Examples of Initial-Value ODE Problems
By Gilberto E. Urroz, September 2004 The following are examples of initial-value ODE problems (IVP) solved using Matlab predefined functions ode23 and ode45. Example 1 Free-falling sphere in a fluid Script: Falling_S
Solution of non-linear equations
By Gilberto E. Urroz, September 2004
In this document I present methods for the solution of single non-linear equations as well
as for systems of such equations.
Solution of a single non-linear equation
Equations that can
Study Guide - Group Theory
MT 423A-01 - Abstract Algebra
Fall 2009
1. Know how to compute in permutation groups.
(a) What is the order of.
i. (123)(4567)
ii. (124)(3456)
iii. (13)(123)(234)(1435)
(b) Are the following even or odd?
i. (1324569)
ii. (123)(3
Study Guide - Intro to Groups
MT 423A - Abstract Algebra
Fall 2009
Chapter 0:
Know the Division Algorithm, the denition of gcd(m,n), and the gcd is a
linear combination theorem, and how to use them.
Be familiar and comfortable with the proof
a mod n = b
MATH 411
HOMEWORK 3
SOLUTIONS
7.4
25. Let G be a group and let Aut G be the group of automorphisms of G. Let
Inn G be the set of all inner automorphisms of G. Prove that Inn G is a
subgroup of Aut G.
Solution. Let f, g Inn G. So f (x) = a1 xa and g (x) =
Math 4124
Wednesday, January 26
First Homework Solutions
1. 1.1.9(b) on page 22 Let G = cfw_a + b 2 R | a, b Q. Prove that the nonzero
elements of G form a group under multiplication.
If x, y G then we may write x = + b 2 and y = c + d 2 where a, b, c, d
1 2 3 4 5 6 7 8 9
25/ 20/ 30/ 40/ 15/ 15/ 15/ 15/ 15/
331Midterm Exam
27 October 2008
CMSC 331 Midterm Exam Fall 2008
Name: _ UMBC username:_
200/
You will have seventy-five (75) minutes to complete this closed book/notes exam. Use the backs of these page
MATH 0413 - Intro. Theoretical Mathematics
Ross Ingram
October 5, 2010
1
HOMEWORK 4
Exercise 1.1. Prove that the collection of all nite subsets of N is countable.
Proof.
Dene
F (N) = cfw_A N : A is nite .
Recall Nm = cfw_1, 2, . . . , m for any m N.
CLAIM
M361K: HOMEWORK 1 SOLUTIONS
LOUIZA FOULI
1. S ECTION 1.1 Problem 2: Prove the second De Morgan Law [Theorem 1.1.4(b)] If A, B and C are sets, then (b) A \ (B C) = (A \ B) (A \C) Proof. We have to show that A \ (B C) (A \ B) (A \C) and that (A \ B) (A \C)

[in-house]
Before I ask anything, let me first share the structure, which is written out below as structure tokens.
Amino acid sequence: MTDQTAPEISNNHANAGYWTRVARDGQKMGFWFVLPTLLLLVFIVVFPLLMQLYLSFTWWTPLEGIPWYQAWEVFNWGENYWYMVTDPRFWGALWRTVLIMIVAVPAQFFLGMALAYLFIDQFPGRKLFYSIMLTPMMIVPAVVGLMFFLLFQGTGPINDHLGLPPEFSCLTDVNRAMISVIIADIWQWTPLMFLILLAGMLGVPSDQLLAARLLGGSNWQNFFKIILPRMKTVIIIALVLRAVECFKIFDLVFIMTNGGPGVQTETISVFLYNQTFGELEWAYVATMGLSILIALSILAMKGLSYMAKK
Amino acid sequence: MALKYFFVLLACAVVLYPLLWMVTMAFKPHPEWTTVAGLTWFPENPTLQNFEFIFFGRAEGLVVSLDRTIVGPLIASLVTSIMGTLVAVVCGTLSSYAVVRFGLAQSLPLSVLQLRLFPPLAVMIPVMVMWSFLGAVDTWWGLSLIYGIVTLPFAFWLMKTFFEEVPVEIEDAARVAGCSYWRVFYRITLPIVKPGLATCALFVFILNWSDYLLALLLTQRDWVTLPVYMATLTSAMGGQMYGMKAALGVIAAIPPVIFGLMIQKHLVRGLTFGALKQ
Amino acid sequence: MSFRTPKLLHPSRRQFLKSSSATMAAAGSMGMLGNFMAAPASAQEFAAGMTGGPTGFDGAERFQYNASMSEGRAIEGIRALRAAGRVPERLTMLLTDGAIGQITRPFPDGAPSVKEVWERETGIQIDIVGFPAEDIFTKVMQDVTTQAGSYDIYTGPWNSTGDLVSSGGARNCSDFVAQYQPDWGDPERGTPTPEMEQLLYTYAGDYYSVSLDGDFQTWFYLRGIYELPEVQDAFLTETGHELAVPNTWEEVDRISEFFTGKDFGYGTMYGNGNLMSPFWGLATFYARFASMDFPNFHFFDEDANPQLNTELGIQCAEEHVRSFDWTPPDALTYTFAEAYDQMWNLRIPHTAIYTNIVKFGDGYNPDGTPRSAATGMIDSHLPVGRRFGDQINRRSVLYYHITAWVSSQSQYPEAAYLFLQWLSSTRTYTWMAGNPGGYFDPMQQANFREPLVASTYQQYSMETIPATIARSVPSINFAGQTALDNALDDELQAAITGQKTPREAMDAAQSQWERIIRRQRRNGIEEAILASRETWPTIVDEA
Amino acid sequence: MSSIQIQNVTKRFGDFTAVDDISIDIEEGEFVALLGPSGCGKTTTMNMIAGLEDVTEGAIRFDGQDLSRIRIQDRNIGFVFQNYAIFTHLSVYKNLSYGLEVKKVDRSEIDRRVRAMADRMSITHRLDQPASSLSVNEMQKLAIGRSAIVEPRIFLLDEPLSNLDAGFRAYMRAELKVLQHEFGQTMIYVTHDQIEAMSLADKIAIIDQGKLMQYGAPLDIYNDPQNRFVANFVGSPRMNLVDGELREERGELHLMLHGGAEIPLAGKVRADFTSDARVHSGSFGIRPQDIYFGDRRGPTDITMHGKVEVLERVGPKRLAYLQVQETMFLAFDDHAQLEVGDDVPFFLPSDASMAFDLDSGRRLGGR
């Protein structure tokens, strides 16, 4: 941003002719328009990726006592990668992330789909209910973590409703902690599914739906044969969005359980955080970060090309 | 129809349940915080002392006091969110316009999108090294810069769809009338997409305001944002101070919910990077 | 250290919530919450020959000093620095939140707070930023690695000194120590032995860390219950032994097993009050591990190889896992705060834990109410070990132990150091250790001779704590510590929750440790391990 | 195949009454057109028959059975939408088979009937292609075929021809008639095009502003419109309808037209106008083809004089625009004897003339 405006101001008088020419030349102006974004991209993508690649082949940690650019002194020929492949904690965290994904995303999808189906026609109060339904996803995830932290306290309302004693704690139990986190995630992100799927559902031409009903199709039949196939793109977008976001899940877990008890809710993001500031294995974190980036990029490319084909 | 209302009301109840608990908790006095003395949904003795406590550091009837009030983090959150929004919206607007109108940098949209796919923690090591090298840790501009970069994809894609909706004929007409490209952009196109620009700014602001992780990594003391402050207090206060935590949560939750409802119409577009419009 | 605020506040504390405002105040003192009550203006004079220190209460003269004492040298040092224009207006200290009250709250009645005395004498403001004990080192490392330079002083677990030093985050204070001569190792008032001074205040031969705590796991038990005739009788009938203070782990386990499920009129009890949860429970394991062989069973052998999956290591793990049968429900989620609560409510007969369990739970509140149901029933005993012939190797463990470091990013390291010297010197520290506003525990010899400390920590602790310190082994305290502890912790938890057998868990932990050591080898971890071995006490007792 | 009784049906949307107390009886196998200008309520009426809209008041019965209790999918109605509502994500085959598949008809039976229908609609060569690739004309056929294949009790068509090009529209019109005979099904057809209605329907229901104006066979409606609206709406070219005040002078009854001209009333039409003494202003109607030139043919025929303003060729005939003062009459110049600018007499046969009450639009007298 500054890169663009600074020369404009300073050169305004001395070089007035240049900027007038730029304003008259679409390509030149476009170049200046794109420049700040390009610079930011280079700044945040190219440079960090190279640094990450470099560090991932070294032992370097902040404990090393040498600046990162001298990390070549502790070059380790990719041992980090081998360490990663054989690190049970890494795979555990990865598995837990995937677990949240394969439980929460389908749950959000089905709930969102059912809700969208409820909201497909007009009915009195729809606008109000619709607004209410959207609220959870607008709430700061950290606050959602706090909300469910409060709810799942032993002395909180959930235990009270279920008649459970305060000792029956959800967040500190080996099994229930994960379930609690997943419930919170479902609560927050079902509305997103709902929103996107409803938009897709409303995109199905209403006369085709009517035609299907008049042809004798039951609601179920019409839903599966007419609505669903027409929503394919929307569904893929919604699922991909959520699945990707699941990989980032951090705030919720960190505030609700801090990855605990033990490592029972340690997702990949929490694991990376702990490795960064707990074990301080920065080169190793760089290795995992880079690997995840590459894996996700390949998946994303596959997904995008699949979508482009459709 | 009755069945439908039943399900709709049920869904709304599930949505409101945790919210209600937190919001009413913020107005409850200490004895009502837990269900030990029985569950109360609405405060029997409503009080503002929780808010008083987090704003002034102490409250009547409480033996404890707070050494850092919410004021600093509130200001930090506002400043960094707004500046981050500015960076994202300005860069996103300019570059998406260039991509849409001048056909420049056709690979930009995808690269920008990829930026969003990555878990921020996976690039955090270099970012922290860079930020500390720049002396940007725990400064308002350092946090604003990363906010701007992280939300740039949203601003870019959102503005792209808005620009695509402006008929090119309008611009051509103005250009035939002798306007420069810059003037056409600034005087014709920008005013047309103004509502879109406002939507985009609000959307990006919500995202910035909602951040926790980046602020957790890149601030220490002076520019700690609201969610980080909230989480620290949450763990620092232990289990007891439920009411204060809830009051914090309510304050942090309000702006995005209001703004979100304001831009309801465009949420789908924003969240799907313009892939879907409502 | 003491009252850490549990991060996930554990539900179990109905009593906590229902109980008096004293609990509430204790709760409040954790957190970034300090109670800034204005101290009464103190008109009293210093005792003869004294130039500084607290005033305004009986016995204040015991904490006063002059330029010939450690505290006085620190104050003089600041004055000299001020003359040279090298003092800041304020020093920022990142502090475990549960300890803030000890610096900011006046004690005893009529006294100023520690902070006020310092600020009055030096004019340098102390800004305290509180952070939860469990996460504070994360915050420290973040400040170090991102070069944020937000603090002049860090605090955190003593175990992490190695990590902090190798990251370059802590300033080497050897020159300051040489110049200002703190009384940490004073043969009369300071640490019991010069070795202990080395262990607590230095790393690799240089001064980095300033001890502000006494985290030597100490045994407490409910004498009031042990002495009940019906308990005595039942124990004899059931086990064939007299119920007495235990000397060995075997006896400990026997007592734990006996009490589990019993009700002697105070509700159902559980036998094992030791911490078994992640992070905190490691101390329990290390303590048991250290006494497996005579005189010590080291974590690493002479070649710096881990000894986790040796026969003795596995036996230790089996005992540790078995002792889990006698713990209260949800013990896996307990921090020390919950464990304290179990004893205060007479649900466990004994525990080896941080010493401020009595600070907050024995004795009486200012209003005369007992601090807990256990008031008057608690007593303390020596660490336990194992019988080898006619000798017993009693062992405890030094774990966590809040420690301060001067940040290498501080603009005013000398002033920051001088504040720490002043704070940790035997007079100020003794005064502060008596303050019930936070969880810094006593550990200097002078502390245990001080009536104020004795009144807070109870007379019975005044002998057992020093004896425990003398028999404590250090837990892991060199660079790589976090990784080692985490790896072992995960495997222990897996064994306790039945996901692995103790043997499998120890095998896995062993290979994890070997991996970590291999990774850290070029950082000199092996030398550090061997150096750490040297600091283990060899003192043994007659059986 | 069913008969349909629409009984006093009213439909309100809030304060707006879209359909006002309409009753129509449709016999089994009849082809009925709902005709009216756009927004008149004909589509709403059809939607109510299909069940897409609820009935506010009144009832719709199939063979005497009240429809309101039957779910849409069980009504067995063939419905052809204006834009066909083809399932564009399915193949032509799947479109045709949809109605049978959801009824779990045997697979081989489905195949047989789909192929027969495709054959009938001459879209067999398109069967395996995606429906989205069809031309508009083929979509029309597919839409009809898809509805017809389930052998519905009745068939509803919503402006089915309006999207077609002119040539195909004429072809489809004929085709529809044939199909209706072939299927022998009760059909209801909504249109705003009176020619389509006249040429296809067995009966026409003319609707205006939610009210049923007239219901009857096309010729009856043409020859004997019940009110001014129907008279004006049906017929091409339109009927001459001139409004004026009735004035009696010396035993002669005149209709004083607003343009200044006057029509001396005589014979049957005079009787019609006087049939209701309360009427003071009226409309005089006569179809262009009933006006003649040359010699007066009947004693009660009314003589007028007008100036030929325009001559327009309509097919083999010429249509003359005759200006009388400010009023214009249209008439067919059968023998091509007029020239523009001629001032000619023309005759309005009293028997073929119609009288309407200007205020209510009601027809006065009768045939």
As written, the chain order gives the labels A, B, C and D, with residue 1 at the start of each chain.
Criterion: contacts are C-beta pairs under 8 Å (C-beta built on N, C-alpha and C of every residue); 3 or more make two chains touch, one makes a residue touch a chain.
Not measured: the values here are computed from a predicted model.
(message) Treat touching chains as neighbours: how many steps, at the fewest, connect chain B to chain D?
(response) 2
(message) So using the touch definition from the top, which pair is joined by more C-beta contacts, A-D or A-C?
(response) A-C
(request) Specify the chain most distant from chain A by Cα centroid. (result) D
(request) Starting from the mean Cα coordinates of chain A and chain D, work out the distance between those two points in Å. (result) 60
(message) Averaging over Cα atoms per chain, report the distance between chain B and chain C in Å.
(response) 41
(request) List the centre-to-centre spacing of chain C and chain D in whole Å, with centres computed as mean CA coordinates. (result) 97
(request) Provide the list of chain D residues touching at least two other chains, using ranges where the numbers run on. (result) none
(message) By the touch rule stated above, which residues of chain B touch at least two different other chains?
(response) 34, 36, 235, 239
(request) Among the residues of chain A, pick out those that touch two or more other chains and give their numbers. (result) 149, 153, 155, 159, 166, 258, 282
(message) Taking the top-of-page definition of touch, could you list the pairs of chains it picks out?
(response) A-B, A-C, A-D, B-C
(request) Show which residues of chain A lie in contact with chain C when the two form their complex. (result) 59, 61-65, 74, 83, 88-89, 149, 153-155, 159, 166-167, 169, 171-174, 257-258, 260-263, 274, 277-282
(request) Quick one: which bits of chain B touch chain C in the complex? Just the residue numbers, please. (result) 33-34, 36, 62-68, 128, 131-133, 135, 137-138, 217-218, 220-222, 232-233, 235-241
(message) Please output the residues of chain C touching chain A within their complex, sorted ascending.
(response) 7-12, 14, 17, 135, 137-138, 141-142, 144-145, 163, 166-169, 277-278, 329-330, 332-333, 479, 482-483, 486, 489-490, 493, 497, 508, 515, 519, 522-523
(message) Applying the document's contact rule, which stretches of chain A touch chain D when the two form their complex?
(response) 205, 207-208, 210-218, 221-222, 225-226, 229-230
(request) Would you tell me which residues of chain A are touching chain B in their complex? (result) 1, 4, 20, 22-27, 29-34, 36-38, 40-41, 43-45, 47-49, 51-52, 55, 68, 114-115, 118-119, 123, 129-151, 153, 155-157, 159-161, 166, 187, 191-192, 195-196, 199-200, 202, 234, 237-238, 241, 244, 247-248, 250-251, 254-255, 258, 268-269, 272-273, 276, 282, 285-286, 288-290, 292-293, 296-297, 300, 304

1
Section 3.3 - 1, 2, 3, 4
1. 1. Let x1 := 8 and xn+1 := 1 xn + 2 for n N . Show that (xn ) is 2 bounded and monotone. Find the limit. Proof. First, lets show that it is monotone (decreasing). Note that x1 = 8 > x2 = 6. For induction, assume that xk > xk+
1
Section 3.1 - 1d, 2b, 3b, 4, 5a, 5c, 8, 11
1. 1d. Write the first five terms of x :=
1 Proof. x1 = 2 , x2 = 1 , x3 = 5 1 10 1 n2 +2 . 1 17 , x5 1 26
x4 =
=
2. 2b. The first few terms of a sequence (xn ) are given below. Give a formula for the nth term x
1
Section 2.5 - 2, 7, 8, 9, 17
1. 2. If S is nonempty, show that S is bounded if and only if there exists a closed bounded interval I such that S I. Proof. () If S is bounded, then there exists u = sup(S) and v = inf(S). Define the interval I := [v, u] an
1
Section 2.4 - sup portion of 4(a,b), and 6, 13, 18
1. 4. (a) Let a > 0 and let aS := cfw_as : s S. Prove sup(aS) = a sup S. Proof. Let u = sup(S). This means that u is an upper bound of S. Hence, s u for all s. Since a > 0, as au for all s. This means a
1
Section 2.2 - 1(b), 4, 6(a), 15, 16(a)
1. If a, b Proof. |a/b| = |a 1/b| = |a| |1/b| defn. of division 2.2.2(a) and b = 0. Show |a/b| = |a| / |b|
Now the question we must examine is: Does |1/b| = 1/ |b|? The answer is yes and is justied by using the den
1
Section 2.1 - 10, 13, 14, 20, 22
1. (a) If a < b and c < d, prove that a + c < b + d. Proof. We will show two cases: i. c < d To show this, if a < b, then by 2.1.6(a), b - a P . Likewise, if c < d, then d - c P . By 2.1.5(i), (b - a)+)d - c) P . This im